NEW YORK – Eye-catching and colorful, oil and gas goods had to be big and bold to make an impact. From gas globes and pumps to signs, road maps and oil cans, petroliana (products related to the oil and gas industry, especially advertising) was made to attract customers and drive sales for their products.
NEW YORK — In the modern era when smartphones tell time, why do some men still wear wristwatches? More than just a meticulously crafted instrument to tell time, a luxury watch is the perfect accessory for the fashionable. It’s functional jewelry. For women, a large diamond brooch is a statement piece; for men, it’s a vintage watch from the likes of Rolex or Patek Philippe.
NEW YORK – If a Ferrari is just a car, then a Leica is just a camera.
For over 100 years, Leica has stood for technical innovation and quality, especially its lenses, said to be the sharpest in the world. Renowned photographers have long embraced Leica cameras, taking iconic photographs such as Alfred Eisenstadt’s V-J Day photo of a sailor impulsively kissing a woman in Times Square in 1945 or Nick Ut’s 1972 photograph of Vietnamese children running down a road after a napalm attack.
NEW YORK — People have been collecting memorabilia for centuries, going back to the Ancient Greek and Roman eras, when Alexander the Great started building Alexandria’s esteemed library and filling it with thousands of signed manuscripts. Just about everyone can relate to autographs. For many of us, it began during our teenage years, asking friends to sign high school yearbook pages. Or, we might recall waiting in line for hours to get a favorite entertainer’s autograph on a photo.
NEW YORK — Most people picture the American Flag in its modern incarnation with 50 white stars on a blue background in the upper left corner surrounded by horizontal red and white bands but this was not always the case.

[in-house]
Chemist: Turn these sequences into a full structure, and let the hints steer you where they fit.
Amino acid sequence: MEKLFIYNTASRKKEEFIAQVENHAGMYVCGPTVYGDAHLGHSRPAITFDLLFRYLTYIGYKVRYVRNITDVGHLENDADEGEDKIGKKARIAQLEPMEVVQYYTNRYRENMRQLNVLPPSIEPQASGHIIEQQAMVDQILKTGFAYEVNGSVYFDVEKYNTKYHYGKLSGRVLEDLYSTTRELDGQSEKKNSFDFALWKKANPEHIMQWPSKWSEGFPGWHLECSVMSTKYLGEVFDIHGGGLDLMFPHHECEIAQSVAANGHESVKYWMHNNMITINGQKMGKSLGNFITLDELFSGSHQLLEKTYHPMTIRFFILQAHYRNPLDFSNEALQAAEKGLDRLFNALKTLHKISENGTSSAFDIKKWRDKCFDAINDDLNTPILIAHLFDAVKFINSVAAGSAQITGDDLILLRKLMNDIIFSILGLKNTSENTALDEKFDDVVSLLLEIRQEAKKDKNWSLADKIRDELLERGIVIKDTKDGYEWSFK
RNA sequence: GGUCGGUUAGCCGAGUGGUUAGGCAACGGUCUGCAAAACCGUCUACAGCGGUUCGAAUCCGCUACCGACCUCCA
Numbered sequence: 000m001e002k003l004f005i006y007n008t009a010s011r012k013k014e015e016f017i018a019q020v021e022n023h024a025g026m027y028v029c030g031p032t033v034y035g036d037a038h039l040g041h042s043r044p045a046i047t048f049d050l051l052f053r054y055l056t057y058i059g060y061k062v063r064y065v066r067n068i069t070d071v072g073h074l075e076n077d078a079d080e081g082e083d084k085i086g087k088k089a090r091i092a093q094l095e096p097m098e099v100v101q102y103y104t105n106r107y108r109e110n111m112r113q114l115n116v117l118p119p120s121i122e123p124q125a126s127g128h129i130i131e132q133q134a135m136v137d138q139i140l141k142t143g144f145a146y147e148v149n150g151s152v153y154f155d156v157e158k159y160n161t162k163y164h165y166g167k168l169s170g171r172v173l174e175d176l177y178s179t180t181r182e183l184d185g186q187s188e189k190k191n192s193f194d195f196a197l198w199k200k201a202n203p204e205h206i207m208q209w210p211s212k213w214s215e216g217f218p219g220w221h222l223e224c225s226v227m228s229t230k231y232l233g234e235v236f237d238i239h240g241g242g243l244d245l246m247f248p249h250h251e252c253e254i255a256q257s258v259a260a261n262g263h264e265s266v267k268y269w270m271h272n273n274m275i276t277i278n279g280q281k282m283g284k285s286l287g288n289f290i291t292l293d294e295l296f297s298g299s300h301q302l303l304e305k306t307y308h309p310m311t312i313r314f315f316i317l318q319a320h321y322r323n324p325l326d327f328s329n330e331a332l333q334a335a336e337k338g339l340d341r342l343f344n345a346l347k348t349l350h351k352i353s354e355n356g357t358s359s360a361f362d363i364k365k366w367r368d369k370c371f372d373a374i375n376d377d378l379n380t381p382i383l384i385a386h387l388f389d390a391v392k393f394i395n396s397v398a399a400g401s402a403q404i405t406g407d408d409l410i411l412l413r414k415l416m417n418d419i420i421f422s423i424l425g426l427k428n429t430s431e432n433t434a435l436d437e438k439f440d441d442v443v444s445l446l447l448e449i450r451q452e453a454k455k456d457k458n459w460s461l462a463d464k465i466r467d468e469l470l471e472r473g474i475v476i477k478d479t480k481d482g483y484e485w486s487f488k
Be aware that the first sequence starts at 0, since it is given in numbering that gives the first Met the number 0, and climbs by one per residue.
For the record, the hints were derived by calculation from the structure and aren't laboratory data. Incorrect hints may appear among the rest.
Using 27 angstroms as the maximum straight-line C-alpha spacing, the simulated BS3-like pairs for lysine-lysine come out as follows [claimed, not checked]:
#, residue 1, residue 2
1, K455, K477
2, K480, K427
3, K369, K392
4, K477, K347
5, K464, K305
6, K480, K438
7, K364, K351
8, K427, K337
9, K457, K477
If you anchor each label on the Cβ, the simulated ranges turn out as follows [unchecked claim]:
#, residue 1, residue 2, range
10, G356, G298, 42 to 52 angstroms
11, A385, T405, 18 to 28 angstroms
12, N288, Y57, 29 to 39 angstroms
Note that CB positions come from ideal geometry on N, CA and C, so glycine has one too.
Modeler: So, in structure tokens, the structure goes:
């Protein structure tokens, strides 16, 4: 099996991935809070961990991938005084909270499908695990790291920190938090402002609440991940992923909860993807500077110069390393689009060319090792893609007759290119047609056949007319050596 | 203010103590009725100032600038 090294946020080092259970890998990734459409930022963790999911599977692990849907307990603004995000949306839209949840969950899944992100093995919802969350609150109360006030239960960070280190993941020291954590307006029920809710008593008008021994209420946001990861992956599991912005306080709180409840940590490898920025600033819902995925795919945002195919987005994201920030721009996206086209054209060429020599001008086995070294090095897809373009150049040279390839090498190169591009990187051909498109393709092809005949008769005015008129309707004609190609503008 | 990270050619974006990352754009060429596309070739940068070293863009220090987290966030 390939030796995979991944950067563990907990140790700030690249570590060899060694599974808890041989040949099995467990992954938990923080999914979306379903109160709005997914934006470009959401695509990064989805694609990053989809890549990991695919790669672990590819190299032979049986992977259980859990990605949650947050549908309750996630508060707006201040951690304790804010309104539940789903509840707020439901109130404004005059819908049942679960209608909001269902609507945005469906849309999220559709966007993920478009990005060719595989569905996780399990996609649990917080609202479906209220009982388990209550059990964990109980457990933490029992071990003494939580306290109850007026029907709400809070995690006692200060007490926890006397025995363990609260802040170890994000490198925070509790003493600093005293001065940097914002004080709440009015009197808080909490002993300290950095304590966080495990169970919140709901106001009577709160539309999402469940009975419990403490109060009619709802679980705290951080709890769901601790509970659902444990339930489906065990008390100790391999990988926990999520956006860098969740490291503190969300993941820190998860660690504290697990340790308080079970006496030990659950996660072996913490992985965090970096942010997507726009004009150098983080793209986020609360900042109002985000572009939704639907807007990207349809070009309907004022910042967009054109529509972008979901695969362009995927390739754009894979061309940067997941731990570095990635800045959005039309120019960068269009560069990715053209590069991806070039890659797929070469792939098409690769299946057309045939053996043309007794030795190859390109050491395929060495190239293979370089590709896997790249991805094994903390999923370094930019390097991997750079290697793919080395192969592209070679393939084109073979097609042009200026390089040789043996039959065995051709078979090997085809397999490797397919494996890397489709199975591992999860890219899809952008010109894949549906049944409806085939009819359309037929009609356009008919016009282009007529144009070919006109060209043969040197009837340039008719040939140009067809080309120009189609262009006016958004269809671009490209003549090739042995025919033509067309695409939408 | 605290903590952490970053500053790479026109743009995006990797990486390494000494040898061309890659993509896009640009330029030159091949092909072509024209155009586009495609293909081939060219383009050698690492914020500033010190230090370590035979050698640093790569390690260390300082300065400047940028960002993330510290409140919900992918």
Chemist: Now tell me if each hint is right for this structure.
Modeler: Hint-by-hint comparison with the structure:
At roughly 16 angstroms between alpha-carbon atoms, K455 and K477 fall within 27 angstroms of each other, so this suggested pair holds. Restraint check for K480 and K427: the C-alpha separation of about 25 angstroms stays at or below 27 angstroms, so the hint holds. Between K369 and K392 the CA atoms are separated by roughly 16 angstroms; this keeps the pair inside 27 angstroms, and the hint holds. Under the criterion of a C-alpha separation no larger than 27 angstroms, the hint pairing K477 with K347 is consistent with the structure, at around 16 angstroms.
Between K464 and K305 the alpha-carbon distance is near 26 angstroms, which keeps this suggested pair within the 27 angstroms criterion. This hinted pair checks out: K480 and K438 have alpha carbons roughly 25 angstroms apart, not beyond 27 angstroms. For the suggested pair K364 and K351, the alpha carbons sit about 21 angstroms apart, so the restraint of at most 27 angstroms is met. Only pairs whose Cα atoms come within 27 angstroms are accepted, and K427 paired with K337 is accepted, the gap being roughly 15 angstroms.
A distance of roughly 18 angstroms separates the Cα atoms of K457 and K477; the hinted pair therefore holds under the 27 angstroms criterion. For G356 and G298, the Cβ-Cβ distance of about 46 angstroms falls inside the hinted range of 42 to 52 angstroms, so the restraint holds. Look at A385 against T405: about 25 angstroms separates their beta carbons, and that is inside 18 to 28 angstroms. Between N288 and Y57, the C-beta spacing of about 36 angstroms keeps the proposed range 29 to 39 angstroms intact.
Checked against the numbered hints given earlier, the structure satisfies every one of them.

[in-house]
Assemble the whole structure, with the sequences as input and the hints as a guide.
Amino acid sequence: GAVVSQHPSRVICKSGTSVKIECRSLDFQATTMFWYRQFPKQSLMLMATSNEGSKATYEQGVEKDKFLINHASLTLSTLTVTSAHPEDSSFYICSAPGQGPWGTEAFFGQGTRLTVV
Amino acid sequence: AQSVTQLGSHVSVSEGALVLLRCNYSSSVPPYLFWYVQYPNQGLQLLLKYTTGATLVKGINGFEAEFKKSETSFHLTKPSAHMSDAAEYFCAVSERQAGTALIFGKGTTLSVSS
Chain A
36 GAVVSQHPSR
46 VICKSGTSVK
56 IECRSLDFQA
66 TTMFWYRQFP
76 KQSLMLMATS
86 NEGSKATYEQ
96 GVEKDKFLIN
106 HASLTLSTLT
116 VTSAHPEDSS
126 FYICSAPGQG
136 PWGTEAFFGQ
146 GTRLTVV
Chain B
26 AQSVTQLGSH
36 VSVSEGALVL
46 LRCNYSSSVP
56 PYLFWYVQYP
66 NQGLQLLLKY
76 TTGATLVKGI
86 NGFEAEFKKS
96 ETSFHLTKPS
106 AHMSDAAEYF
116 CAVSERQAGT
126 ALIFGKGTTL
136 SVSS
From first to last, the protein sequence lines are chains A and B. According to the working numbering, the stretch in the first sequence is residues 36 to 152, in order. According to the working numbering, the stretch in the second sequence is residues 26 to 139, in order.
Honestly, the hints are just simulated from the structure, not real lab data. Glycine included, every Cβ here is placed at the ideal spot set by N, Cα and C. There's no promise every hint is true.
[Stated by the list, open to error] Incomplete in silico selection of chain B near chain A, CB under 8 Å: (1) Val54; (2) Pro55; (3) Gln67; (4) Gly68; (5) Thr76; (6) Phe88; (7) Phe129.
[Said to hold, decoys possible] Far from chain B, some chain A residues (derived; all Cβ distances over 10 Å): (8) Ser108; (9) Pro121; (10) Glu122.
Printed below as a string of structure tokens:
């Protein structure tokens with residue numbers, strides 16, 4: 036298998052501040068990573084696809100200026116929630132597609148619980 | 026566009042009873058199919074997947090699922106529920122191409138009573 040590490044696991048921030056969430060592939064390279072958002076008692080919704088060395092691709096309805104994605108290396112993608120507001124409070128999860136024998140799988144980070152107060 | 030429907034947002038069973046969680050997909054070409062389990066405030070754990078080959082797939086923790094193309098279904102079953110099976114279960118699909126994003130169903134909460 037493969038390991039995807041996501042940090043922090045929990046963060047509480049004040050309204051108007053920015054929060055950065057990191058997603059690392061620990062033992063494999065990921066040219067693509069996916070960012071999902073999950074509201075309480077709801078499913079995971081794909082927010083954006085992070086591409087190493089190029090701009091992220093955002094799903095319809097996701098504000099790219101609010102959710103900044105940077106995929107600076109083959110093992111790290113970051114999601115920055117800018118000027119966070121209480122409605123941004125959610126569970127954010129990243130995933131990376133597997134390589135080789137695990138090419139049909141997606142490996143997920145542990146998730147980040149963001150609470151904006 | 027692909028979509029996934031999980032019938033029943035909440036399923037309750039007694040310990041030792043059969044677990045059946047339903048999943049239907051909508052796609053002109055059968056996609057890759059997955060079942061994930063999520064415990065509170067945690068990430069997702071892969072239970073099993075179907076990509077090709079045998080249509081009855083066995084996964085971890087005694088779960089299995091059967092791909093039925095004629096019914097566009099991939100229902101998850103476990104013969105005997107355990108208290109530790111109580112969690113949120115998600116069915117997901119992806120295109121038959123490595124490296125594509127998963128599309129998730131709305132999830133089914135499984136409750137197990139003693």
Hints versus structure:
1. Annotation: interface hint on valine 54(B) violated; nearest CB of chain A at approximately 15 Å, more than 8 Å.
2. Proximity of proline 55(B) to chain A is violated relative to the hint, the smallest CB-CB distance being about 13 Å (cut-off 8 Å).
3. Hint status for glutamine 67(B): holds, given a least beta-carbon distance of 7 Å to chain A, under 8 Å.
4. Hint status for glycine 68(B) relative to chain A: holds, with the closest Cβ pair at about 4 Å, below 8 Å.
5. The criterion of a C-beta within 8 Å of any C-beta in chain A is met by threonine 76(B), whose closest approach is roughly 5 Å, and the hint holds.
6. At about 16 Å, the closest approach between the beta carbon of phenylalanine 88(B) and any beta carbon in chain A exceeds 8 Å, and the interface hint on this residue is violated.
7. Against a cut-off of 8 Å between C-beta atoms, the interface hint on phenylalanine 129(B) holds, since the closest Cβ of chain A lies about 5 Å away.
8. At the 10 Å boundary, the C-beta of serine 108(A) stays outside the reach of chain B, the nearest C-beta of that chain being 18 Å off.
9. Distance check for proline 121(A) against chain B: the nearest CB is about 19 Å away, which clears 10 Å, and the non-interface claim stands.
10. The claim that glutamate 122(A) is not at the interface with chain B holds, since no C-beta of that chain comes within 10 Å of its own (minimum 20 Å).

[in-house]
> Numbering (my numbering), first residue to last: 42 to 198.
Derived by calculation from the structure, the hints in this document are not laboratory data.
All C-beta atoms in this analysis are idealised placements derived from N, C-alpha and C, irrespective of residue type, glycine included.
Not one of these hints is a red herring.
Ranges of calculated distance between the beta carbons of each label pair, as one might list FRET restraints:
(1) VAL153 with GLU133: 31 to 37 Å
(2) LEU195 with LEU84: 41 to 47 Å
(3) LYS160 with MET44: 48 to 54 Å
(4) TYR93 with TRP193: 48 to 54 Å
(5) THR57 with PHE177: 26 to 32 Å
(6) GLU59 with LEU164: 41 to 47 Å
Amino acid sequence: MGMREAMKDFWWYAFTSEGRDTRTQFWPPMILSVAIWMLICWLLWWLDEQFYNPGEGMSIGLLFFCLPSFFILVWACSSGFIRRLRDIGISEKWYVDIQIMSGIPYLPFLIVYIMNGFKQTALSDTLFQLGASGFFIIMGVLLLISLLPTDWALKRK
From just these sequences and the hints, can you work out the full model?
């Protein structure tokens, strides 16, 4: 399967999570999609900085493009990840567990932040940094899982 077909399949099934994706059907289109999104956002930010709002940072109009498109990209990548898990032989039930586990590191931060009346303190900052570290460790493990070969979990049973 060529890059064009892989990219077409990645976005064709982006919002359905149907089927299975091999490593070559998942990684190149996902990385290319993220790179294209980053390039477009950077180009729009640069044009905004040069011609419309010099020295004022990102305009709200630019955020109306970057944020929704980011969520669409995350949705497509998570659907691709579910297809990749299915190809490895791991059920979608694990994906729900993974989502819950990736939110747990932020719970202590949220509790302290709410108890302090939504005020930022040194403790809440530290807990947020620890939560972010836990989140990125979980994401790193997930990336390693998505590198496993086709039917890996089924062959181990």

NEW YORK — From Cardini and the Great Blackstone to David Blaine and Criss Angel, skilled magicians and illusionists have dazzled audiences for more than a century, performing simple sleight-of-hand and tricks as well as daring and elaborate illusions. The great Harry Houdini was famous for extracting himself after being hung upside down in his Water Torture Cell, a feat no other magician dared tackle during his lifetime; and in 1983, before a live audience and millions on television, David Copperfield appeared to make the Statue of Liberty, which stands over 300 feet tall, vanish into thin air.
NEW YORK — Tucked away far back in a garden, amid a clump of maidenhair ferns, sits a small stone fairy. Walk around the bend, past a hedge of boxwood, you encounter a century-old marble statue of Aphrodite. And at the center of a riotous display of hot-pink peonies stands a cast zinc fountain, quietly gurgling away.
NEW YORK — Teenagers didn’t always communicate by texting on their cell phones. Before those devices were invented, they would head in groups to their nearest drugstore soda fountain, where they would sidle up to the long counter, sit on a red leather bar stool and order a fizzy drink that would be hand-mixed on the spot from seltzer and flavored syrups.
NEW YORK – The pursuit of classic cars can be just as thrilling as actually getting behind the wheel of one of those bad boys and testing its speed and handling.
Any car can get you from point A to point B, but certain classic cars—built aerodynamically for speed and incorporating innovative technology—just exude “cool” and will turn more heads than a traffic cop with a radar gun.
NEW YORK — The North may have won the Civil War, but when it comes to Civil War artifacts and memorabilia, the Confederacy seems to hold a strategic lead in terms of market share and desirability.